BERLIN – The U.S. 1st Armored Division lowered its flag this month in a ceremony that signaled the quiet return home of a unit whose tanks first rumbled onto the continent through Italy during World War II.
The Wiesbaden casing of colors ceremony also marked a milestone in the ongoing transformation of the American military. The sending off of the last division deployed in Europe at the height of the Cold War symbolizes the shift in favor of smaller, lighter units that planners say are better poised to meet today's threats.
But the question now being raised is whether the Army's plan to keep some 37,000 soldiers in Europe will survive growing budgetary pressures in Washington. There are increasing concerns in the U.S. Congress that the United States is footing too much of the bill for European defense at a time when some European countries have reduced defense spending.
"An alliance that is so dependent on one ceases to function properly," said Heather Connelly, director of the Europe program for the Center for Strategic and International Studies in Washington. "You are probably going to see more questions from Congress about getting that balance right."
U.S. troop strength in Europe peaked in 1962 at nearly 277,000 soldiers and was still at around 213,000 in 1989. Current plans call for reducing troops from about 42,000 today to the 37,000 by 2015.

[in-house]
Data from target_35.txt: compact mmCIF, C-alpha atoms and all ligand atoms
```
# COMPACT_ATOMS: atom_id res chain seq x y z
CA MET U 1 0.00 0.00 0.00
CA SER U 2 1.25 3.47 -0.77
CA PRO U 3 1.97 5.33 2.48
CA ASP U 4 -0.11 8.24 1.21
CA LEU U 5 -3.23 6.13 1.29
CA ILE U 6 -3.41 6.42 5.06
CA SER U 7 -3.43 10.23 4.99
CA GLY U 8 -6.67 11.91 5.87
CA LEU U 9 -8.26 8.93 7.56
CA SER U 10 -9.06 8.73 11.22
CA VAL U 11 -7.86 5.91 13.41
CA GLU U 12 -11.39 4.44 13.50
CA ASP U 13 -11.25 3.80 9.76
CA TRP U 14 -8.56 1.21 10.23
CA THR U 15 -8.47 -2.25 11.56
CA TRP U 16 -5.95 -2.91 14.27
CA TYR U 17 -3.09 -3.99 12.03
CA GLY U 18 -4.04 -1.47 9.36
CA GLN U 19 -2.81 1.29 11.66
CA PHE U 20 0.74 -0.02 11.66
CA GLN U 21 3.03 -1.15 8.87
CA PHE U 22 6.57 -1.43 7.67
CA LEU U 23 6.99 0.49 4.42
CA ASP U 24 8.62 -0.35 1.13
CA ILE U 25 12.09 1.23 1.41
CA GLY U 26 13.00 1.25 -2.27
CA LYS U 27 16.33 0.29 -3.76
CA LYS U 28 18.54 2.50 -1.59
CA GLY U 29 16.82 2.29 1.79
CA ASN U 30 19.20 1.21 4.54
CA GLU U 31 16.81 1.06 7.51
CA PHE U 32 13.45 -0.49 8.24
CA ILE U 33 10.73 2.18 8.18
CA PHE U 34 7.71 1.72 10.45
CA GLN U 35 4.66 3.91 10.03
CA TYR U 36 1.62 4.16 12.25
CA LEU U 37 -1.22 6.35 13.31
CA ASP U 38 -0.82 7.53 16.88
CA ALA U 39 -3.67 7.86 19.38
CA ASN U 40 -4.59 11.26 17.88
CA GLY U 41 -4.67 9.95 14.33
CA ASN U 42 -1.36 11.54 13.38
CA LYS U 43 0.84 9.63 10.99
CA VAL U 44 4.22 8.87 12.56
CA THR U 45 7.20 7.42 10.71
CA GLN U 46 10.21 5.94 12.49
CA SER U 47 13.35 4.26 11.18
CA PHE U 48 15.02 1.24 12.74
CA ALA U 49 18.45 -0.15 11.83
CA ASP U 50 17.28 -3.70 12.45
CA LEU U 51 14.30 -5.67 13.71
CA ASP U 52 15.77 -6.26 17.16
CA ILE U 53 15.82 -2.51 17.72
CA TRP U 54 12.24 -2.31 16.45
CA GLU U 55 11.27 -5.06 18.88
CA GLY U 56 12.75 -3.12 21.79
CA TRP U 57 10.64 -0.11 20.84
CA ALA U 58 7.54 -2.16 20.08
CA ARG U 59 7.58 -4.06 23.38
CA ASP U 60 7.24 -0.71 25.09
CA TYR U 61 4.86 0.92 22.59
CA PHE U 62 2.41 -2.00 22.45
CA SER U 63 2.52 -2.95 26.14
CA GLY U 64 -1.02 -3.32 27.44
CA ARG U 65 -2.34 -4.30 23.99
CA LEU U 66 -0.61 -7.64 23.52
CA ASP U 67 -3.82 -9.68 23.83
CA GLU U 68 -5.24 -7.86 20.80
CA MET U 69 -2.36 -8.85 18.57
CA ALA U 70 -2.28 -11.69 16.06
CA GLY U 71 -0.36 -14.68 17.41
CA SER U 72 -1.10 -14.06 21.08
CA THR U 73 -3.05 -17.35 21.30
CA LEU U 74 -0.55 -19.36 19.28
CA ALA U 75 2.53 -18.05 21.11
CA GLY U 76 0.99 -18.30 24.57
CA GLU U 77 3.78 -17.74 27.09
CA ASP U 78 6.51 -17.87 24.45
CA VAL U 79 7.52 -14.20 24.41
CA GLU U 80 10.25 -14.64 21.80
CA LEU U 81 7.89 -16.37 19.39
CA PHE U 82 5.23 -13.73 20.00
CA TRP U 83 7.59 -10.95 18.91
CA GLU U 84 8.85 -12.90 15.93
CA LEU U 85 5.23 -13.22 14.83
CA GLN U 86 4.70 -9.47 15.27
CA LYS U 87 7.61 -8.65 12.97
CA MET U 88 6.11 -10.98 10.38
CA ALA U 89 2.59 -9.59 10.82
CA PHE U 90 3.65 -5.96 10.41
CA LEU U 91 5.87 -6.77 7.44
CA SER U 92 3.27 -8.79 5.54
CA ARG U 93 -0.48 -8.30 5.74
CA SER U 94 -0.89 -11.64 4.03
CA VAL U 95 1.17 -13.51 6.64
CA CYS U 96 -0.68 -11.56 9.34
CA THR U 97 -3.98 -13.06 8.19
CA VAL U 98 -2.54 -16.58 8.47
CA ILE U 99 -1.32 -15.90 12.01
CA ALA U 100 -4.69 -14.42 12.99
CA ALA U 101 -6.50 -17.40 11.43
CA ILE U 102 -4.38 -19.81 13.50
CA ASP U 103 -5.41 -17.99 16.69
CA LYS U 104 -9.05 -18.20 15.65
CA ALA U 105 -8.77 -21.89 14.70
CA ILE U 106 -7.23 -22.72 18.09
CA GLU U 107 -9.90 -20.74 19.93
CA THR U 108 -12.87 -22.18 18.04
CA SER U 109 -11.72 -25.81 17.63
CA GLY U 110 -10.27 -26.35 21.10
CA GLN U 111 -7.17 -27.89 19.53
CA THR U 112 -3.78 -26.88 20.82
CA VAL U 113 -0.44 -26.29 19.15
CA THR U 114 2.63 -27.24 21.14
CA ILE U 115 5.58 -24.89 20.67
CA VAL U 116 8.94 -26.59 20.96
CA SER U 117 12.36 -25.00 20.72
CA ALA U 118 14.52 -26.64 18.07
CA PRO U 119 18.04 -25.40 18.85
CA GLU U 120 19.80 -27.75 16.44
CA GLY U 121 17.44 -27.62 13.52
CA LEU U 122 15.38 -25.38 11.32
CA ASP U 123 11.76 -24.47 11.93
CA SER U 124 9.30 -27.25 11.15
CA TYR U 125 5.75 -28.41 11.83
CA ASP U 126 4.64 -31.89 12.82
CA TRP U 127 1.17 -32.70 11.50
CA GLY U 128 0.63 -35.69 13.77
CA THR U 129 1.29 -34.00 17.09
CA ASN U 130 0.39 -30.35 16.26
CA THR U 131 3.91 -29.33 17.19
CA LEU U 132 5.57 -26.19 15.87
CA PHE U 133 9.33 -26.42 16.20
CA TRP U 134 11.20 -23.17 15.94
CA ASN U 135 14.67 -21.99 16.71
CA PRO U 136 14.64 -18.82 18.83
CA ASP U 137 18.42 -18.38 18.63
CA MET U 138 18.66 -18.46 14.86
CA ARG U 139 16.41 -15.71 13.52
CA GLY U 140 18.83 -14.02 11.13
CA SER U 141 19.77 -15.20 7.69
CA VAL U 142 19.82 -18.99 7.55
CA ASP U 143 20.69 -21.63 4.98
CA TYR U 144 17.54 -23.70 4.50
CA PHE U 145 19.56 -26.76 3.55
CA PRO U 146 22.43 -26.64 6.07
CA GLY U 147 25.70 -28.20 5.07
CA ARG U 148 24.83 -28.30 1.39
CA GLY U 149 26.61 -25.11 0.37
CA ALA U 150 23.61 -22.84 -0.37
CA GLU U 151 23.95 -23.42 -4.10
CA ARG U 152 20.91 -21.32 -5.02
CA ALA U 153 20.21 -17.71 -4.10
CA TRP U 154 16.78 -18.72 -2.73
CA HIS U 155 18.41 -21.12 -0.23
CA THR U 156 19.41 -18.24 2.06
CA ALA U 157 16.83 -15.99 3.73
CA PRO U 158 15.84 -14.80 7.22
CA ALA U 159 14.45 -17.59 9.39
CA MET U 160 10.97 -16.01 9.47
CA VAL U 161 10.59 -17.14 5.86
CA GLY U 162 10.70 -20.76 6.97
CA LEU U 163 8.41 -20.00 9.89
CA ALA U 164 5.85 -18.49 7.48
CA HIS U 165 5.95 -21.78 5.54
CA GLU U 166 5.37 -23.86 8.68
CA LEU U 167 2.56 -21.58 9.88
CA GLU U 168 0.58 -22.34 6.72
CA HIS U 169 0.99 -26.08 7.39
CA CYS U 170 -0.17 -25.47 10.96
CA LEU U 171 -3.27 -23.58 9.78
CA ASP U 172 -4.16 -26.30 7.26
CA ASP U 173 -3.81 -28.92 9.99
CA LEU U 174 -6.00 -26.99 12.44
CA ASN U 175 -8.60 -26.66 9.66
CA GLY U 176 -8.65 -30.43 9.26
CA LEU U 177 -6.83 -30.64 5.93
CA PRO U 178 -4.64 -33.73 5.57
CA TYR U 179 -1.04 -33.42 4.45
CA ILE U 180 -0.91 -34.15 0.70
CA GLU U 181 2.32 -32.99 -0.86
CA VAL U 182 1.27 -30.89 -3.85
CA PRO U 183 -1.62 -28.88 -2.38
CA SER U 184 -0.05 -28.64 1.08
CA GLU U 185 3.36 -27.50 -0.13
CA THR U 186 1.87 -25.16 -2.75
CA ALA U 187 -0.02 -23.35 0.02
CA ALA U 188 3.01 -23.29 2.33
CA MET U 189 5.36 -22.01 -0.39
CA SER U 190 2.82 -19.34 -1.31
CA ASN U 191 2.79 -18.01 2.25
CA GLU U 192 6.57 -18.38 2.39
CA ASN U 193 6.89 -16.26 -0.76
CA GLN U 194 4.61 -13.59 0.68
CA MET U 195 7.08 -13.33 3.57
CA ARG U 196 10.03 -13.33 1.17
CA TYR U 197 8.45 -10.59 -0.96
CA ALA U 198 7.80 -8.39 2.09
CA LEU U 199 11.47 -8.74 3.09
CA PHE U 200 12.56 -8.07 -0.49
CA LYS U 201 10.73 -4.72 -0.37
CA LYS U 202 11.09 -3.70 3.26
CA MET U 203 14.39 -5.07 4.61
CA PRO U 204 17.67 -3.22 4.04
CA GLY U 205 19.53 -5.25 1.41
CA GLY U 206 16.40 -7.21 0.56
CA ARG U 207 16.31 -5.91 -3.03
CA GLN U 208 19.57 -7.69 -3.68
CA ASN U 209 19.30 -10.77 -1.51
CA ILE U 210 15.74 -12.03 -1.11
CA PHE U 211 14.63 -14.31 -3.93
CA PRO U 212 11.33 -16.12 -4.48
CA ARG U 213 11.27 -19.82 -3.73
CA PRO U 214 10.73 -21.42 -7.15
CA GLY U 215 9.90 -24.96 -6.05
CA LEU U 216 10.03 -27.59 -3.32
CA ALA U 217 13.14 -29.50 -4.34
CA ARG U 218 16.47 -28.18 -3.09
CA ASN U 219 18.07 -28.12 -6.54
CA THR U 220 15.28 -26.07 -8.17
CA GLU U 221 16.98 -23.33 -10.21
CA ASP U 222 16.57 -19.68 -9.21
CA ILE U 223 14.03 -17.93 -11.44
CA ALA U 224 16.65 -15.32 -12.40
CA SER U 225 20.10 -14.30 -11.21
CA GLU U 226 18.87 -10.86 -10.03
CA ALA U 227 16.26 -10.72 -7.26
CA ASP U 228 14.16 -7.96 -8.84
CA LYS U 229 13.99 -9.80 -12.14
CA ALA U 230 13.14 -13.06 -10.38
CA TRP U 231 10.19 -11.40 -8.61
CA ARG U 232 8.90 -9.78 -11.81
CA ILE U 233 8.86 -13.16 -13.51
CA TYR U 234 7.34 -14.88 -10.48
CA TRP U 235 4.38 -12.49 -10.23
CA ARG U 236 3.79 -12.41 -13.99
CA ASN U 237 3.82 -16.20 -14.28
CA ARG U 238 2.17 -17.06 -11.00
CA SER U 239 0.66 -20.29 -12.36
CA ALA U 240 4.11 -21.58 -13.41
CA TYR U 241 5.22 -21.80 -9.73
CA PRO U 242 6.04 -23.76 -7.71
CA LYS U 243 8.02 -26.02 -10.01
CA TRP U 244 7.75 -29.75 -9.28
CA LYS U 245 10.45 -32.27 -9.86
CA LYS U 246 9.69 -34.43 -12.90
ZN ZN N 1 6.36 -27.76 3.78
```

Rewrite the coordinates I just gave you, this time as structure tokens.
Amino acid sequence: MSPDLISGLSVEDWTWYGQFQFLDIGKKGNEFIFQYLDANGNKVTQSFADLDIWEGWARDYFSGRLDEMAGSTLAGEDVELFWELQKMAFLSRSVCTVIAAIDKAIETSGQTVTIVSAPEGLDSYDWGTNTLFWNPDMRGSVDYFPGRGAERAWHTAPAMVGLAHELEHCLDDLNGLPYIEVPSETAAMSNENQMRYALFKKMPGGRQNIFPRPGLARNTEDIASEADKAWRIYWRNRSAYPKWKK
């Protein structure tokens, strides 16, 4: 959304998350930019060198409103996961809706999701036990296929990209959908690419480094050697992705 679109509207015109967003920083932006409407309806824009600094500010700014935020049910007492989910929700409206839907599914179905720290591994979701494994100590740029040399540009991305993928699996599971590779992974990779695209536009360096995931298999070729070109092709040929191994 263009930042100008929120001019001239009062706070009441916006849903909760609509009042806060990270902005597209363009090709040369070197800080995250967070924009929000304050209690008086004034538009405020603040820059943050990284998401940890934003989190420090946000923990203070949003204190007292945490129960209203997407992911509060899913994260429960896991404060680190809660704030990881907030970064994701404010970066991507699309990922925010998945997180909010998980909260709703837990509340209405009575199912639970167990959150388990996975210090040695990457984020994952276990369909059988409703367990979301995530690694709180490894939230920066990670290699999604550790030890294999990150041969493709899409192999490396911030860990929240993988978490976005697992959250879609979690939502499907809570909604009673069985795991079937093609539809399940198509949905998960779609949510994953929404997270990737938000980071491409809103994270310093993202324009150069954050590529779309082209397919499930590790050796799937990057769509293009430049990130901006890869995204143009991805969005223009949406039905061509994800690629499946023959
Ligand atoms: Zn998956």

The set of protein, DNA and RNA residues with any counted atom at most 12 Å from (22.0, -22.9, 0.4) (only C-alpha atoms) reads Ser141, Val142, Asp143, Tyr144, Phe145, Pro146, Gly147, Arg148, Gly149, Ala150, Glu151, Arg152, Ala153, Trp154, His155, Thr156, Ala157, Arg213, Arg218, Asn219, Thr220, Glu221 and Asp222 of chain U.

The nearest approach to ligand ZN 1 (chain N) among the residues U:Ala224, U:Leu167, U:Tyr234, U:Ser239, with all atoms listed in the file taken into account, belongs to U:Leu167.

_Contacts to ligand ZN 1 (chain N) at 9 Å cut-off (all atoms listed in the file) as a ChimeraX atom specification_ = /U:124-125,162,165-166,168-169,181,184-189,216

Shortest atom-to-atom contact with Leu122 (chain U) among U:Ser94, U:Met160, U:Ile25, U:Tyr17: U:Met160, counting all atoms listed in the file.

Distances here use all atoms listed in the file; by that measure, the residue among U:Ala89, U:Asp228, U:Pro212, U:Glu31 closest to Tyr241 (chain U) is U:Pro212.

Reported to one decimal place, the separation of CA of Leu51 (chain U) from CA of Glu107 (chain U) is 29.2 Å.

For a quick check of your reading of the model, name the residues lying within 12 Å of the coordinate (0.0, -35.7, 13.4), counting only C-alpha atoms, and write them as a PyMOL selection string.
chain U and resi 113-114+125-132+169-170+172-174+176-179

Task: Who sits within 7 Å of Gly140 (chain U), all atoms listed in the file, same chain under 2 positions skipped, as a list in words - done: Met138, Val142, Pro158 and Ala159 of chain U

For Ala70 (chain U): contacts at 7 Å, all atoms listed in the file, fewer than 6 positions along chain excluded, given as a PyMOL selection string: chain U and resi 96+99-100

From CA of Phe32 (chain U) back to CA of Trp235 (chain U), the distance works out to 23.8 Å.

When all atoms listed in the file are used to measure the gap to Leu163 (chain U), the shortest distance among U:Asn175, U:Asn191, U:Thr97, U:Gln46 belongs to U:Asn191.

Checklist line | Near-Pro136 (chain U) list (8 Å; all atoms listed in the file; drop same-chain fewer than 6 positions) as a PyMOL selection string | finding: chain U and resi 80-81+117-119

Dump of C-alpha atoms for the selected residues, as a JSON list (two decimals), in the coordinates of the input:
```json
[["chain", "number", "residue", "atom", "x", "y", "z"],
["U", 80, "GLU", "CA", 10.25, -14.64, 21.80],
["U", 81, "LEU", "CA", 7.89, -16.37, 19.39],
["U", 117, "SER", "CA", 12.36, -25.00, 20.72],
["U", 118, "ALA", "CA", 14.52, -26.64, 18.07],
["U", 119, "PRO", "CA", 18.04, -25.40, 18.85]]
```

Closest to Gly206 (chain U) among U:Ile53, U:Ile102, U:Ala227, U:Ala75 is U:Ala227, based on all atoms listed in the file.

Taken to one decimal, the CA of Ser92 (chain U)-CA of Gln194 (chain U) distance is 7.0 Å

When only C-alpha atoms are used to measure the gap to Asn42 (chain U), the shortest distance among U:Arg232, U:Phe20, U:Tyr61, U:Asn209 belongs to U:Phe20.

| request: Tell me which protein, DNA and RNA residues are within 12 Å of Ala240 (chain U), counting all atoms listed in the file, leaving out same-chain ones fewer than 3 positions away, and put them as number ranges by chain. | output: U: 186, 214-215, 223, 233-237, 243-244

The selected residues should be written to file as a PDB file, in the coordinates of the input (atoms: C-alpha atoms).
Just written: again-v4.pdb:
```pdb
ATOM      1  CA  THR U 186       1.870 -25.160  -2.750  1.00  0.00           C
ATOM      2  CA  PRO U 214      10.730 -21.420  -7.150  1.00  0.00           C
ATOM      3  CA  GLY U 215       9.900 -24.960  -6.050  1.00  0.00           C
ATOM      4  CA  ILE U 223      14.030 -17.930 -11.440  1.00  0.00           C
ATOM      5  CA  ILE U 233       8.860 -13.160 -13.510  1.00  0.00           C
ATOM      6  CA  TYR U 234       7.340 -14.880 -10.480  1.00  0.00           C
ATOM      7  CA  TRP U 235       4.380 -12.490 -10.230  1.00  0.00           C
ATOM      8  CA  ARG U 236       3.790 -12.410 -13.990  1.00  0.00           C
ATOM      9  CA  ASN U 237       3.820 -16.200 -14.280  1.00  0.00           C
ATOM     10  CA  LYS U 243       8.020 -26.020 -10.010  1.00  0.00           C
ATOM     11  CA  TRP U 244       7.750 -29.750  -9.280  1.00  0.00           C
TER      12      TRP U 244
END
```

The remaining troop numbers are greater than recommended by Donald Rumsfeld when he was secretary of defense, but smaller than top military commanders had been suggesting.
With Washington's decision now to scale down operations in both Iraq and Afghanistan, however, the target number now seems about right said Lt. Gen. Mark Hertling, who took command of U.S. Army Europe in March.
"Given what we're now being asked to do as an army — with a drawdown in the total number of army soldiers that we're going to have overall — I think U.S. Army Europe can get the job done ... with three brigades," Hertling told The Associated Press in a telephone interview from Heidelberg.
The plan is based around brigade combat teams — smaller integrated units that include infantry, armor, artillery and engineers among other troops.
"I would almost call it a mini-division," Hertling said. "It has everything a division used to have but in much smaller portions, and it allows us to kind of maneuver those elements with significant effectiveness."
There are currently four so-called BCTs in Europe — three in Germany and one in Italy, each with about 3,000 to 5,000 troops. Combined that's about the size of a division, though in the case of the 1st Armored, only about 700 soldiers with its headquarters have been in Germany since 2006 as part of its transition back to the U.S.
One BCT — not yet identified — will be sent back to the U.S. under the current plan, announced in April by the Pentagon. The helicopters of the 12th Combat Aviation Brigade will also remain in Germany under the plan.
"The force package that we have over here and will have in 2015 is about right for what we will need to accomplish our mission," Hertling said. "You're talking about a pretty significant fighting force."
Aside from the obvious advantage of having troops stationed an ocean closer to hotspots in the Mideast and Africa, Hertling said soldiers based in Europe also have the an opportunity to train with NATO allies before facing combat together.